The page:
If you’re an independent corporate language trainer, and you need to work with more corporate clients, then it’s just possible that you’re not concentrating on what separates you from the pack. Sales become easier when you can fit a target niche, when you can be easily recognised as the best at what you do.
It’s a matter of personal identity. It’s a matter of understanding what kind of training you are passionate about and very good at giving (have a look at the profiles of your most successful students to find out more).
Niches in corporate language training can be separated by:
- level: for example, on the CEFR scale, are you an expert with A1-A2 beginners? Or are upper level C1’s your thing?
- industry: if you come from a business background, you might have experience in a specific sector of activity such as transport, aviation or medical English. This is a fantastic way of specialising yourself because you can target corporate clients who work in that industry.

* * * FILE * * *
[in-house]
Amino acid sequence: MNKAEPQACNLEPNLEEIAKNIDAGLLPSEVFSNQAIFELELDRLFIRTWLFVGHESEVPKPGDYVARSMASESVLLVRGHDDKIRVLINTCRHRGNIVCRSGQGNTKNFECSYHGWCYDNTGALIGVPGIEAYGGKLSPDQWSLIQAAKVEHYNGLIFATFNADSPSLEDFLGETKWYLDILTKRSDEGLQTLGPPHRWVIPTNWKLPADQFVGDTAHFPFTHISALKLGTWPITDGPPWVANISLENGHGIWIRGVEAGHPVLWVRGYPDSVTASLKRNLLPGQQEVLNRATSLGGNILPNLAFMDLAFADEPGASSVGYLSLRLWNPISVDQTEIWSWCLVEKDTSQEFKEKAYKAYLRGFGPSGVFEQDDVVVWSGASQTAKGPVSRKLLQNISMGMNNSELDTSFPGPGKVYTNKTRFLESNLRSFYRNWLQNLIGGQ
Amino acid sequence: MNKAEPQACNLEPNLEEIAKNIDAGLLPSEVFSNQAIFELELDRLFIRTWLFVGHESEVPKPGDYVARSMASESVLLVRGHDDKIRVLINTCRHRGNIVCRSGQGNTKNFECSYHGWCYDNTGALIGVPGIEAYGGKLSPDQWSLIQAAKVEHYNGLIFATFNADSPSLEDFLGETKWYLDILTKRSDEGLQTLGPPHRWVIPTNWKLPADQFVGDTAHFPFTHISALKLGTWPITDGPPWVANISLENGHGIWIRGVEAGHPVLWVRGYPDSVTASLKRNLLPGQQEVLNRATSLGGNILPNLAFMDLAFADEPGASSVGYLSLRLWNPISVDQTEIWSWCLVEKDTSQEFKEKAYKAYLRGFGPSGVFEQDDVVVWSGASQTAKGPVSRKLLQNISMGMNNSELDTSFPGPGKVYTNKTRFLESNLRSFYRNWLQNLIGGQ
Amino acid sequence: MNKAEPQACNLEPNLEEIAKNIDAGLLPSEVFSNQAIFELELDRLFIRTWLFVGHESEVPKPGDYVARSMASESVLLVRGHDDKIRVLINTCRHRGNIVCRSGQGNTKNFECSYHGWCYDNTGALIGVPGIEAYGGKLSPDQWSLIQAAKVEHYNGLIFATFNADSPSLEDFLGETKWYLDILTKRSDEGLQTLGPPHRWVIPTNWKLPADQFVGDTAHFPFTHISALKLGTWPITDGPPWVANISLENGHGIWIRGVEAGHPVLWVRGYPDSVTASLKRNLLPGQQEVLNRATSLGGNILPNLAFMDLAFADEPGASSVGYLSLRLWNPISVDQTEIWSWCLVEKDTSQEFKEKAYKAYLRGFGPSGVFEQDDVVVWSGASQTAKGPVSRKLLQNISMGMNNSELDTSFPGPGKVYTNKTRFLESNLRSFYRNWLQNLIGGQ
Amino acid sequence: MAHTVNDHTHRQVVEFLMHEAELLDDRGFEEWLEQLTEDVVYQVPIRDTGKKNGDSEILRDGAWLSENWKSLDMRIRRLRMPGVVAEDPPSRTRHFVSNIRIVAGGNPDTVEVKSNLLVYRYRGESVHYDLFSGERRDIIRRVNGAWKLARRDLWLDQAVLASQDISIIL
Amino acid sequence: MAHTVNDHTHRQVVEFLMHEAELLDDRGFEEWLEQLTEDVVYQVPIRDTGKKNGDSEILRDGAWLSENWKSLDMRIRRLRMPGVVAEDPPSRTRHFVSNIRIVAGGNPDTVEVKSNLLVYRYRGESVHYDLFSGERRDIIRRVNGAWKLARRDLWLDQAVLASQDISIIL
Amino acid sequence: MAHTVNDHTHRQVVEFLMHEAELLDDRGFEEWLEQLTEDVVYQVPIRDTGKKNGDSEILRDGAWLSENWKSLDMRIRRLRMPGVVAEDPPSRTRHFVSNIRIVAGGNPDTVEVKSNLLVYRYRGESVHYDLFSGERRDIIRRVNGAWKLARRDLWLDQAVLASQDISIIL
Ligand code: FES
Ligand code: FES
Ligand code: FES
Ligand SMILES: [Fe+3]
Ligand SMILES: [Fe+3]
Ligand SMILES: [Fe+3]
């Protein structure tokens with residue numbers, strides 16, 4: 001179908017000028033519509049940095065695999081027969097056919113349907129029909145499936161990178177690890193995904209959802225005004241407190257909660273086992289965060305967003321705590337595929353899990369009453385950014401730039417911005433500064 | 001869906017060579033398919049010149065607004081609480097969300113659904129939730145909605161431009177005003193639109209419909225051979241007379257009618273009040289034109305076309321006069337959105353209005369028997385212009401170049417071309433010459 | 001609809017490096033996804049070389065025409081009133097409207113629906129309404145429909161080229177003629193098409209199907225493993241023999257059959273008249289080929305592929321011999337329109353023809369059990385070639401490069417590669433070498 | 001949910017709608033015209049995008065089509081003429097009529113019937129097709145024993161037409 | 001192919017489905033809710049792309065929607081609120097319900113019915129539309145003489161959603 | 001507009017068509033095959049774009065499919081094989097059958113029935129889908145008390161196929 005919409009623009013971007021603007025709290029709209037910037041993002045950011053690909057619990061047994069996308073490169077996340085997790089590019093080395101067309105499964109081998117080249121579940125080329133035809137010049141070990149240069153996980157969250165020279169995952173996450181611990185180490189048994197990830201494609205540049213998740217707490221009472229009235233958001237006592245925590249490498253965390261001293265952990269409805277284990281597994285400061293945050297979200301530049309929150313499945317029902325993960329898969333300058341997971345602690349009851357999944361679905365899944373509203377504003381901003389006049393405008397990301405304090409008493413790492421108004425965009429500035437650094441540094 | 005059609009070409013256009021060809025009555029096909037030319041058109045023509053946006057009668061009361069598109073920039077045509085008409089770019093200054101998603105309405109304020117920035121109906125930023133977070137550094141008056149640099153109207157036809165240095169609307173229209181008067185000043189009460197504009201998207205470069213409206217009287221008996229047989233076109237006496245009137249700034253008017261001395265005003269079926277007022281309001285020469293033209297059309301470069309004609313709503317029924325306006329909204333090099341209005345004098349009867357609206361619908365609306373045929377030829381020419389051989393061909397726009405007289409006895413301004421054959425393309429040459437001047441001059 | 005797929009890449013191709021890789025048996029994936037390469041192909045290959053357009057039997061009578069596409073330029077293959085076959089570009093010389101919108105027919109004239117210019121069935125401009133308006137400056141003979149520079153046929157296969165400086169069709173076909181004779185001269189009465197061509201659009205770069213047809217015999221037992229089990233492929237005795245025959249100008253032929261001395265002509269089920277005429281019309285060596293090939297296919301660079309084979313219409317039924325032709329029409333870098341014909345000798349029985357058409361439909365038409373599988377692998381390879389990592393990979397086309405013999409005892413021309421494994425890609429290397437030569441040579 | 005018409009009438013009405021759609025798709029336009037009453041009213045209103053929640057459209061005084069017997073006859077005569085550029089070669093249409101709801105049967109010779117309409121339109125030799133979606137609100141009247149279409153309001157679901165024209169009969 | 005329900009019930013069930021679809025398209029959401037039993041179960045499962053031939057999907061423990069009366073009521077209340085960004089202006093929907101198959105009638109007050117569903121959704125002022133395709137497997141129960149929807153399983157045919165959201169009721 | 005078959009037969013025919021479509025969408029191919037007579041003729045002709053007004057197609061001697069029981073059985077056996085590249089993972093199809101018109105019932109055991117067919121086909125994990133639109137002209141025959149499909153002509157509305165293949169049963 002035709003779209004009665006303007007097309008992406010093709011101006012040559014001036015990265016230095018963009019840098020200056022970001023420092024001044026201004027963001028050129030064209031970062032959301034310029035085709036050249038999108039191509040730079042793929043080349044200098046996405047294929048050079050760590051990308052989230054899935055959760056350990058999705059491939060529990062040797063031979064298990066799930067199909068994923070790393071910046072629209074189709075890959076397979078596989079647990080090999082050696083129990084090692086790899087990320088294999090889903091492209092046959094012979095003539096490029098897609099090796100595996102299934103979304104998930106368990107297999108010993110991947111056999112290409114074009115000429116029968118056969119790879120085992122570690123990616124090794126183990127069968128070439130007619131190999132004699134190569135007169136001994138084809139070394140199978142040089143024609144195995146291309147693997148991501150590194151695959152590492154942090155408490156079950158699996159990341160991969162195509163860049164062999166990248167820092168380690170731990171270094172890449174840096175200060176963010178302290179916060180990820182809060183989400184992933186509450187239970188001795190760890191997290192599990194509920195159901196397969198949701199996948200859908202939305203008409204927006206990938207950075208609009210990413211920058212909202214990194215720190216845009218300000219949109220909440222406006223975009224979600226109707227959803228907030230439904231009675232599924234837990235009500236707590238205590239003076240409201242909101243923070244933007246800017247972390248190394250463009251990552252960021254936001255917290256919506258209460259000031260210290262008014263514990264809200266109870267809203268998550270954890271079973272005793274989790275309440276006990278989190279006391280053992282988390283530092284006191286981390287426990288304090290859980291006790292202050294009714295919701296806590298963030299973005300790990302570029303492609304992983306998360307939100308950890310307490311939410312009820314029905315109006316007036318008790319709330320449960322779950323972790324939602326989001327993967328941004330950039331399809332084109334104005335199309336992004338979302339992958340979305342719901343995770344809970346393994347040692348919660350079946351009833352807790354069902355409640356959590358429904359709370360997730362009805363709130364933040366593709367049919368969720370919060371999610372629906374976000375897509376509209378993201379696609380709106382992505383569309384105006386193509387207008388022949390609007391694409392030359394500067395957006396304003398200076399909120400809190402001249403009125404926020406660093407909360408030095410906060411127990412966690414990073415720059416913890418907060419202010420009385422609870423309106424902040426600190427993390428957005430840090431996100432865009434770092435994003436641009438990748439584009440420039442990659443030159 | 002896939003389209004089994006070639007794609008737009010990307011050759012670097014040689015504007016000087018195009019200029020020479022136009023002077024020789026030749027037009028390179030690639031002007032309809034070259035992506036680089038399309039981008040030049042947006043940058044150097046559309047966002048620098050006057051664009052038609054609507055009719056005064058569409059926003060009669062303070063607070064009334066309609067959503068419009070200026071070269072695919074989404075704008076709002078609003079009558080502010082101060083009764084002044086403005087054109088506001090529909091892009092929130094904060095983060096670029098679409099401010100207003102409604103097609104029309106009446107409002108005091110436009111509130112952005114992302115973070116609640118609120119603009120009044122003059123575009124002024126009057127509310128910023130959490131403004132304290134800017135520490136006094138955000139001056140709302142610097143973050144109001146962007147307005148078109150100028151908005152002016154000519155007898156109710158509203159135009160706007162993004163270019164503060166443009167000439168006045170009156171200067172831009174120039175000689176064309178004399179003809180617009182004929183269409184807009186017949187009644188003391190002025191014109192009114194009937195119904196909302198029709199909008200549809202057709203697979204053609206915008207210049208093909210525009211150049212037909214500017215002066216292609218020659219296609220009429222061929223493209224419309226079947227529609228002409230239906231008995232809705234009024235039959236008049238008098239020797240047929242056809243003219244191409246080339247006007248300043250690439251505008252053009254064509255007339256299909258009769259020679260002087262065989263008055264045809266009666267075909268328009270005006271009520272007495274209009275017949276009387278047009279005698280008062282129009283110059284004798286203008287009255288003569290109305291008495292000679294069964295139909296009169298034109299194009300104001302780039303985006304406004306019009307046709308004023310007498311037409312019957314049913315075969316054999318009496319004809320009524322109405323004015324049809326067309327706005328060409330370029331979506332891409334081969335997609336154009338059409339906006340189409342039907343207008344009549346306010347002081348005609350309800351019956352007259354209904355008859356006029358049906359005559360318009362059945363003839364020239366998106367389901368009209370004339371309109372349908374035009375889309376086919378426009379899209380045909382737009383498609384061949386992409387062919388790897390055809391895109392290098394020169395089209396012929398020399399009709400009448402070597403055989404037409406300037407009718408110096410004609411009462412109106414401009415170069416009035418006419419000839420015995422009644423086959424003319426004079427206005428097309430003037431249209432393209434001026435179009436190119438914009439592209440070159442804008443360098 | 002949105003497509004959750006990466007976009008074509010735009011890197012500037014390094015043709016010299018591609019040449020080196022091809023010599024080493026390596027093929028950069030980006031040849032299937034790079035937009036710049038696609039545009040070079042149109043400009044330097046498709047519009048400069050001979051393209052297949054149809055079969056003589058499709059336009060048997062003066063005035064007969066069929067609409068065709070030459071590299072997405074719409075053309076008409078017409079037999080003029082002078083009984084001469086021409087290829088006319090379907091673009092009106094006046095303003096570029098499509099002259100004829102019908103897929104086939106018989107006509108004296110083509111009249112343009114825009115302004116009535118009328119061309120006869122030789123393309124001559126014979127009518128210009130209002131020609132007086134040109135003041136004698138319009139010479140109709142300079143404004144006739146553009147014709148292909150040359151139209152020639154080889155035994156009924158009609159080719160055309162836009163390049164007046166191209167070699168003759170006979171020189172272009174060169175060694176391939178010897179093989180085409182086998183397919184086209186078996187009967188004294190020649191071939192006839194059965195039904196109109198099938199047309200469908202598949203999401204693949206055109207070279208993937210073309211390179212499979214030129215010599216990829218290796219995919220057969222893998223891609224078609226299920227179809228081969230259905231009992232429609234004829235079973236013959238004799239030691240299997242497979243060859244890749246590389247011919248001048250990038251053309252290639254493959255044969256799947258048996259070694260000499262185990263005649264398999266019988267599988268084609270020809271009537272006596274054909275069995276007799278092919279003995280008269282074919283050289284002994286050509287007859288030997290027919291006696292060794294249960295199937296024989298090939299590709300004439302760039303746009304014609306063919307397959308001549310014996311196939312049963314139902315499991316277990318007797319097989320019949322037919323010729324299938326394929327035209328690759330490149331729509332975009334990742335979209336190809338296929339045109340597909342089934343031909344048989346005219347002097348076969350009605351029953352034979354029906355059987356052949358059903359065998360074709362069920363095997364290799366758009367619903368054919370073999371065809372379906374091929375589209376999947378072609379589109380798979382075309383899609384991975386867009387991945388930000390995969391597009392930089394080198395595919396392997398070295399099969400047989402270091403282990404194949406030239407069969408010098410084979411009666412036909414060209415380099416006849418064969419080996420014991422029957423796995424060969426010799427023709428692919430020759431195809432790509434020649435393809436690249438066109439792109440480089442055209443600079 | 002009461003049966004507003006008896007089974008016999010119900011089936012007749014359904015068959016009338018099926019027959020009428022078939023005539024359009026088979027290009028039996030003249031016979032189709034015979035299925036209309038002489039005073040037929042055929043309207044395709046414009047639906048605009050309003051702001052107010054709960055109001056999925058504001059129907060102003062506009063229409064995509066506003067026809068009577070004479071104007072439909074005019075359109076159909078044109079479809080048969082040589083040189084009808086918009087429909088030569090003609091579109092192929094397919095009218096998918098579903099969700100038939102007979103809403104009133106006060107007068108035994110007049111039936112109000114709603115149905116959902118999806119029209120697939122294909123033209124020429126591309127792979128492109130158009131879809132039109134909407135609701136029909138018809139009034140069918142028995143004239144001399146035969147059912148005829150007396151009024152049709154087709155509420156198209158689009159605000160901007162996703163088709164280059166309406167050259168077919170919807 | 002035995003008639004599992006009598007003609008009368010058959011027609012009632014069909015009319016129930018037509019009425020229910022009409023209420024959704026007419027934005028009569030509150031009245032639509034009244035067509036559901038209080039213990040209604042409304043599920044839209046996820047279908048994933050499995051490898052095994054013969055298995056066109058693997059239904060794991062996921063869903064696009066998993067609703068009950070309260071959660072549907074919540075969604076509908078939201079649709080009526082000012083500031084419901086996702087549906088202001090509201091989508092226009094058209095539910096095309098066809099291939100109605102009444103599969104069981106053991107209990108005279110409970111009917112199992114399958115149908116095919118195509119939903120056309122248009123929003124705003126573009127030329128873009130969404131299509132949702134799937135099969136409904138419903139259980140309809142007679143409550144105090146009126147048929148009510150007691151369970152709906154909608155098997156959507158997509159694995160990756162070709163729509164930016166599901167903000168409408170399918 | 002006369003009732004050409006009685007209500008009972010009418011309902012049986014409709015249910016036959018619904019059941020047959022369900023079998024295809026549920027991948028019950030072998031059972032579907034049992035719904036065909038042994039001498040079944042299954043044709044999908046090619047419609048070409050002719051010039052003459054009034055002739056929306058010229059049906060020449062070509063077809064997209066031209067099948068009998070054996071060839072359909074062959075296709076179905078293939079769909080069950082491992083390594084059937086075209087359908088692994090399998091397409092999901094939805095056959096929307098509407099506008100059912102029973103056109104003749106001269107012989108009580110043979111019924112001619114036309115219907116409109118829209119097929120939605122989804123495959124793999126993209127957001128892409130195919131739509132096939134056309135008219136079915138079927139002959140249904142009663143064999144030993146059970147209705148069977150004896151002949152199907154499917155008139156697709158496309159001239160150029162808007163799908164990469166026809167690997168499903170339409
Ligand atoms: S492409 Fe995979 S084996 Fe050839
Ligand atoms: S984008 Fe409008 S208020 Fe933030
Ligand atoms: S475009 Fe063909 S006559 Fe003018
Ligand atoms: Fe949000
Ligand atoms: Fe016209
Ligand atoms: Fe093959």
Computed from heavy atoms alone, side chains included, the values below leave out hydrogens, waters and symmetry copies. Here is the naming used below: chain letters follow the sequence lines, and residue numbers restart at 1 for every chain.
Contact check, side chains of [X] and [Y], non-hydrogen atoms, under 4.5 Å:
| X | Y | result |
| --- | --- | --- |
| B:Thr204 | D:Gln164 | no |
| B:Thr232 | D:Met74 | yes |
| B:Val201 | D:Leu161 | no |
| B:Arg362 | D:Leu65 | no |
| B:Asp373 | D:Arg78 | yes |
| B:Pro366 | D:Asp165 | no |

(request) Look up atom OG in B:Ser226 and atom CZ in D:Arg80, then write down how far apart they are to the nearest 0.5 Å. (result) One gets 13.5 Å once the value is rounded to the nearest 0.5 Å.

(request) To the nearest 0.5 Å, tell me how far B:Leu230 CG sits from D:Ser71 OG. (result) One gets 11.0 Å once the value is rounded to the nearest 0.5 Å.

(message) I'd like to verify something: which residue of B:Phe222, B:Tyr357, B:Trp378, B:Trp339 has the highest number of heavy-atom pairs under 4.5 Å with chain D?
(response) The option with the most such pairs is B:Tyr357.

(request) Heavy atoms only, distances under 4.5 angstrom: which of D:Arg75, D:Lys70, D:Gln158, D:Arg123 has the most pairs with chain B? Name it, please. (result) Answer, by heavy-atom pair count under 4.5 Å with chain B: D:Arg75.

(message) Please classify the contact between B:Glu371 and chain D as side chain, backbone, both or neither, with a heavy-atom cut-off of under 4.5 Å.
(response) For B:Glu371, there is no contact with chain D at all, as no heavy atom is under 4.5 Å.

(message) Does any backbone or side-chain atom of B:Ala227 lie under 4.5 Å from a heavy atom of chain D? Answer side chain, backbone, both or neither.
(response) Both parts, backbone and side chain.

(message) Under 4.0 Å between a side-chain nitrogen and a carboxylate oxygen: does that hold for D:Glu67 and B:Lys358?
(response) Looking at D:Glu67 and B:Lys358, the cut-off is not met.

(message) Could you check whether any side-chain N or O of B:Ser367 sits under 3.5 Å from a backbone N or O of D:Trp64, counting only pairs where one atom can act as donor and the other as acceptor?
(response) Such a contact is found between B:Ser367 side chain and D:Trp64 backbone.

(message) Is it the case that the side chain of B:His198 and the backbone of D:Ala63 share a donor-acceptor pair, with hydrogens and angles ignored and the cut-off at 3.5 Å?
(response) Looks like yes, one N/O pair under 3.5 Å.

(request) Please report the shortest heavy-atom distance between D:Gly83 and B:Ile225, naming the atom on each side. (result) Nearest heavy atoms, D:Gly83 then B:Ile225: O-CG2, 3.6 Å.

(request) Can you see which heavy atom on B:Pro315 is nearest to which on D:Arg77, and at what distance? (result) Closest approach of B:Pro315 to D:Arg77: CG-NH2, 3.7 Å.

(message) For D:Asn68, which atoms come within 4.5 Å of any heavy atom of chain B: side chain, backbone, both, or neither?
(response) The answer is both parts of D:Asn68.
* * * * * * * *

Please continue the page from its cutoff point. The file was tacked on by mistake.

- job function: another great way to find your niche. Job functions can be completely unrelated to an industry, such as human ressources, sales or secretaries.
- industry specific job function: this is a mix of 2 and 3 above. For example, quality managers in the aviation industry.
- job level: a big area of corporate English is working with executives, who tend to have similar needs (for example conference calls or presentations).
- business communications: this is also another good area to excel. You might be excellent at negotiations, presentations or meetings in English. Cross-cultural business communications is another fast-growing niche.
I hope that this gives you some good ideas on what to do. If you’re interesting in getting help finding your niche, please find out more of what we do for language trainers and schools here.